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Latin, Caribbean Enviorment Minister Meet in Brazil - 2001-10-23

Latin American and Caribbean Environment Ministers are meeting in Rio de Janeiro to discuss progress made in implementing the accords reached at the Rio Earth Summit nine years ago - and to come with proposals for next year's World Summit on Sustainable Development. That conference will be held in Johannesburg.

The regional Environment Ministers are meeting in the same huge convention center outside Rio de Janeiro, where the 1992 Earth Summit was held. Then, the nations of the world committed themselves to various measures aimed at protecting the environment and preserving biodiversity. But the consensus among the participants at this conference is that the commitments have fallen far short of expectations. In opening the conference Monday, Brazilian Environment Minister Jose Sarney noted carbon emissions by industrial countries have increased since 1992 - despite promises to the contrary. He said the United States alone increased its emissions by 22 percent over the past nine years because of expanded economic growth.

The Brazilian official also criticized developed nations for failing to set aside, as promised, a small portion of their Gross Domestic Product for programs promoting sustainable economic development in developing countries. In 1992, industrial nations pledged to set aside seven-tenths of one percent of their GDP to fund these programs. However, according to United Nations figures, nations set aside just just two-tenths of one percent of GDP for these projects. Mr. Sarney said the 1992 funding pledge was a recognition of the need for global investments to reverse environmental degradation and reduce poverty.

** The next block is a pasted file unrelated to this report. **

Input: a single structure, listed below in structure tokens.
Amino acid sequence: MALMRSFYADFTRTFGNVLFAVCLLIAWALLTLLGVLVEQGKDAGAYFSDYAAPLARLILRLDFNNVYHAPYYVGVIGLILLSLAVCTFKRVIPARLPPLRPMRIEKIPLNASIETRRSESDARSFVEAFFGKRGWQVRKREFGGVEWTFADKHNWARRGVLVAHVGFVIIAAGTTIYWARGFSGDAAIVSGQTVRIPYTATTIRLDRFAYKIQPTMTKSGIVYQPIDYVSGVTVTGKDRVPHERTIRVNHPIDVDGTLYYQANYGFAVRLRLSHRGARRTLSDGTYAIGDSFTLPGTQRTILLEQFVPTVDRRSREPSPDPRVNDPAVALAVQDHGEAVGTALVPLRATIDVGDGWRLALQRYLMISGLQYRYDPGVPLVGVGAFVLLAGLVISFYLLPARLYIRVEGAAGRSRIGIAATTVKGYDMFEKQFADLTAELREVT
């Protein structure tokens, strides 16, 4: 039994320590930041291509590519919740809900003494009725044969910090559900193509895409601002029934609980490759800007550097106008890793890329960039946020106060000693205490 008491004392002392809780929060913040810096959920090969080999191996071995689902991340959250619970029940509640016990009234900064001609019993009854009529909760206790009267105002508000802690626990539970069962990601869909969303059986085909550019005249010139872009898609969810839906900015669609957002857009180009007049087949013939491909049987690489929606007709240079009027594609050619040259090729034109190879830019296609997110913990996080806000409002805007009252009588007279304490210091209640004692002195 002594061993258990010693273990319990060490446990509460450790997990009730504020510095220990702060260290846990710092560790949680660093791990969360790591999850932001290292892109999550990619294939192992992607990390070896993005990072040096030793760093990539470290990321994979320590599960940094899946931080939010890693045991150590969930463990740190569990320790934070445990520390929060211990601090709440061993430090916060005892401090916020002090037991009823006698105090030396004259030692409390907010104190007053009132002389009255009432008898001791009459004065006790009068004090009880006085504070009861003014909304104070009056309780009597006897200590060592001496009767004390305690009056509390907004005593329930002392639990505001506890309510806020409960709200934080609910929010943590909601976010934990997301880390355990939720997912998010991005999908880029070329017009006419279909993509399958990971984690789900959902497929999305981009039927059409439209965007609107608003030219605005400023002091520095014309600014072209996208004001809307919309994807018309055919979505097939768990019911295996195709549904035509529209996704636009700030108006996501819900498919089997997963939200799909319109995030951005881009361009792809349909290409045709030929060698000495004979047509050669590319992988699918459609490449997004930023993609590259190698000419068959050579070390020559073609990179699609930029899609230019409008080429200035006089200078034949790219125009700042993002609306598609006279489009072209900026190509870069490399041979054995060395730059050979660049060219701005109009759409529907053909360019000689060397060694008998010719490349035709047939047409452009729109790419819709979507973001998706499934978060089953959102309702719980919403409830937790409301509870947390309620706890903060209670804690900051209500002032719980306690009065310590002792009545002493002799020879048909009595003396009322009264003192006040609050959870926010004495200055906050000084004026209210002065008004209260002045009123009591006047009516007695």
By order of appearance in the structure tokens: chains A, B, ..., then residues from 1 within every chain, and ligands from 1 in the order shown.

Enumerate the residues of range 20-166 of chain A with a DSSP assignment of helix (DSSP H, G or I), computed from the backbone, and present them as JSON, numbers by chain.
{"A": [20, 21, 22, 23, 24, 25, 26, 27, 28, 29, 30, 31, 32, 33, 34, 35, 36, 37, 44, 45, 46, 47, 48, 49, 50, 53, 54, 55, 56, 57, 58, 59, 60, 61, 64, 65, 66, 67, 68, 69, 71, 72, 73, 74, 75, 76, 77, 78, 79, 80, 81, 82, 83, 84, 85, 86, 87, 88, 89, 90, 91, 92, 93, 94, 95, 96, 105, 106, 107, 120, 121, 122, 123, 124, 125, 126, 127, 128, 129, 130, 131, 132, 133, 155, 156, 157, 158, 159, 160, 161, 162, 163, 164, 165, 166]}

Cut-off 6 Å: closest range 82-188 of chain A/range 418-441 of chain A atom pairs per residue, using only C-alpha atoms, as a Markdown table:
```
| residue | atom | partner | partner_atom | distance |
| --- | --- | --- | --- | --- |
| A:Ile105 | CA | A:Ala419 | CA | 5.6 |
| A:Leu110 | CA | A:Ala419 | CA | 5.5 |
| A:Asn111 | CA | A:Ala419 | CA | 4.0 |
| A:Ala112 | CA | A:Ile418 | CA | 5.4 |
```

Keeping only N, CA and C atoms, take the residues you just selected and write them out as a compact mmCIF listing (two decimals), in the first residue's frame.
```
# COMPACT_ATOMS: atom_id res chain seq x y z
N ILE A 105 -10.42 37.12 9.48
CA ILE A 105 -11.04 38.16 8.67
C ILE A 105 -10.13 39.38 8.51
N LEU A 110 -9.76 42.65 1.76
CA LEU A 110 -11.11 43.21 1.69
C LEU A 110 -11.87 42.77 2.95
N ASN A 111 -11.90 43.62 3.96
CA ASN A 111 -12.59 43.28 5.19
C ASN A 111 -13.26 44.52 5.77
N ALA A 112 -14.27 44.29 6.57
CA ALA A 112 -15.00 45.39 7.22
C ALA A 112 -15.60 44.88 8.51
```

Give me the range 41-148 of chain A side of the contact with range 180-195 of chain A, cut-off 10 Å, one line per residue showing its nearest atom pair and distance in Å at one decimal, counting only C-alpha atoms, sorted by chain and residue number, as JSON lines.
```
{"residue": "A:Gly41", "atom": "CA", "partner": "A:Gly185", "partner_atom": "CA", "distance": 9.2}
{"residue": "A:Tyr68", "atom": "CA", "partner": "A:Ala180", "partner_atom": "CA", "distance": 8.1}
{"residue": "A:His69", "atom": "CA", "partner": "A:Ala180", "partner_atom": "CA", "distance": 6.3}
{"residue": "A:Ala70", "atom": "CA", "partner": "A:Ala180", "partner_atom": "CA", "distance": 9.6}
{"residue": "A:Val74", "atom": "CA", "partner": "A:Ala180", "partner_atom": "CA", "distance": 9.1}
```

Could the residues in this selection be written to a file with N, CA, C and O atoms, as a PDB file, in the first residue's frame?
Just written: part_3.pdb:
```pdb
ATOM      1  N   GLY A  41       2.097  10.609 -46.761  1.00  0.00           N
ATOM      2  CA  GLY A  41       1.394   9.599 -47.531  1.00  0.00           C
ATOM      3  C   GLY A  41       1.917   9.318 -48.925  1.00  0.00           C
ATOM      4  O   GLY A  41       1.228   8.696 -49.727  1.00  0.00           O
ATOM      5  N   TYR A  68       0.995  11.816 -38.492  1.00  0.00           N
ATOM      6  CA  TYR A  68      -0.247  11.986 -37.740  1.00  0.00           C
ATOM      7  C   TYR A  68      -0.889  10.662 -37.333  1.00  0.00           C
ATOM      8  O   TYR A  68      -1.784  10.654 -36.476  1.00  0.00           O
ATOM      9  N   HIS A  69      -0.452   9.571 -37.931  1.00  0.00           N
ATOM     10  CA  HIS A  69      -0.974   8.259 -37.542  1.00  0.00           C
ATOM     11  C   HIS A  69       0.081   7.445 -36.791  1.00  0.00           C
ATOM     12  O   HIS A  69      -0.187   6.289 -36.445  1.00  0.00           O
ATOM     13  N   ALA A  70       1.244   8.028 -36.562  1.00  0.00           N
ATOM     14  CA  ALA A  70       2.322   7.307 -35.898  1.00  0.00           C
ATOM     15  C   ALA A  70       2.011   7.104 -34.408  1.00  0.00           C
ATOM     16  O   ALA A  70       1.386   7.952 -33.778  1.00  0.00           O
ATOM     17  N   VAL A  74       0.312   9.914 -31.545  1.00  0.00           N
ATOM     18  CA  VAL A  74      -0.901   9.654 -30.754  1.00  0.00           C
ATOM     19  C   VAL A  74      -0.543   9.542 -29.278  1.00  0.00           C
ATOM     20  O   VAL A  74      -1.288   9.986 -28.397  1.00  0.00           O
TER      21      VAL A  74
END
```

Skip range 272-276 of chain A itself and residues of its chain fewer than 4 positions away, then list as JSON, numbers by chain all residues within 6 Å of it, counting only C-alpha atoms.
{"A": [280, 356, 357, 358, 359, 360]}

Venezuelan Environment Minister Ana Elisa Osorio Granado agrees that much more should have been done, but adds she is hopeful there will be a renewed commitment at next year's Sustainable Development conference in Johannesburg. "We are looking to the future even though we recognize that the progress made since 1992 is not satisfactory," she says. "What we hope for is that the social factor will be taken into account, that there needs to be a new ethic regarding economic development."

The head of the United Nations Environment Program, Klaus Toepfer, acknowledges that the high expectations raised by the Rio Earth Summit were not realized. But Mr. Toepfer, whose agency has organized this week's conference, believes the groundwork is being laid at this meeting for new ideas to bring to the Johannesburg meeting. "We have a very strong signal for the rest of the world to stick to the spirit of Rio, to revitalize it, not to renegotiate Agenda 21 but to implement it, and be open for new challenges like the development of technology, how to use it for sustainable development, how can we implement the Convention on Bio-Safety," says Mr. Toepfer. "So there is a lot to do to give those strong signals for the World Summit on Sustainable Development."

Just 16 Environment Ministers out of 33 Latin American and Caribbean nations are attending the Rio conference, although all countries of the region are represented. The conference, which ends Wednesday, will come up with a regional plan of action to present next year in Johannesberg.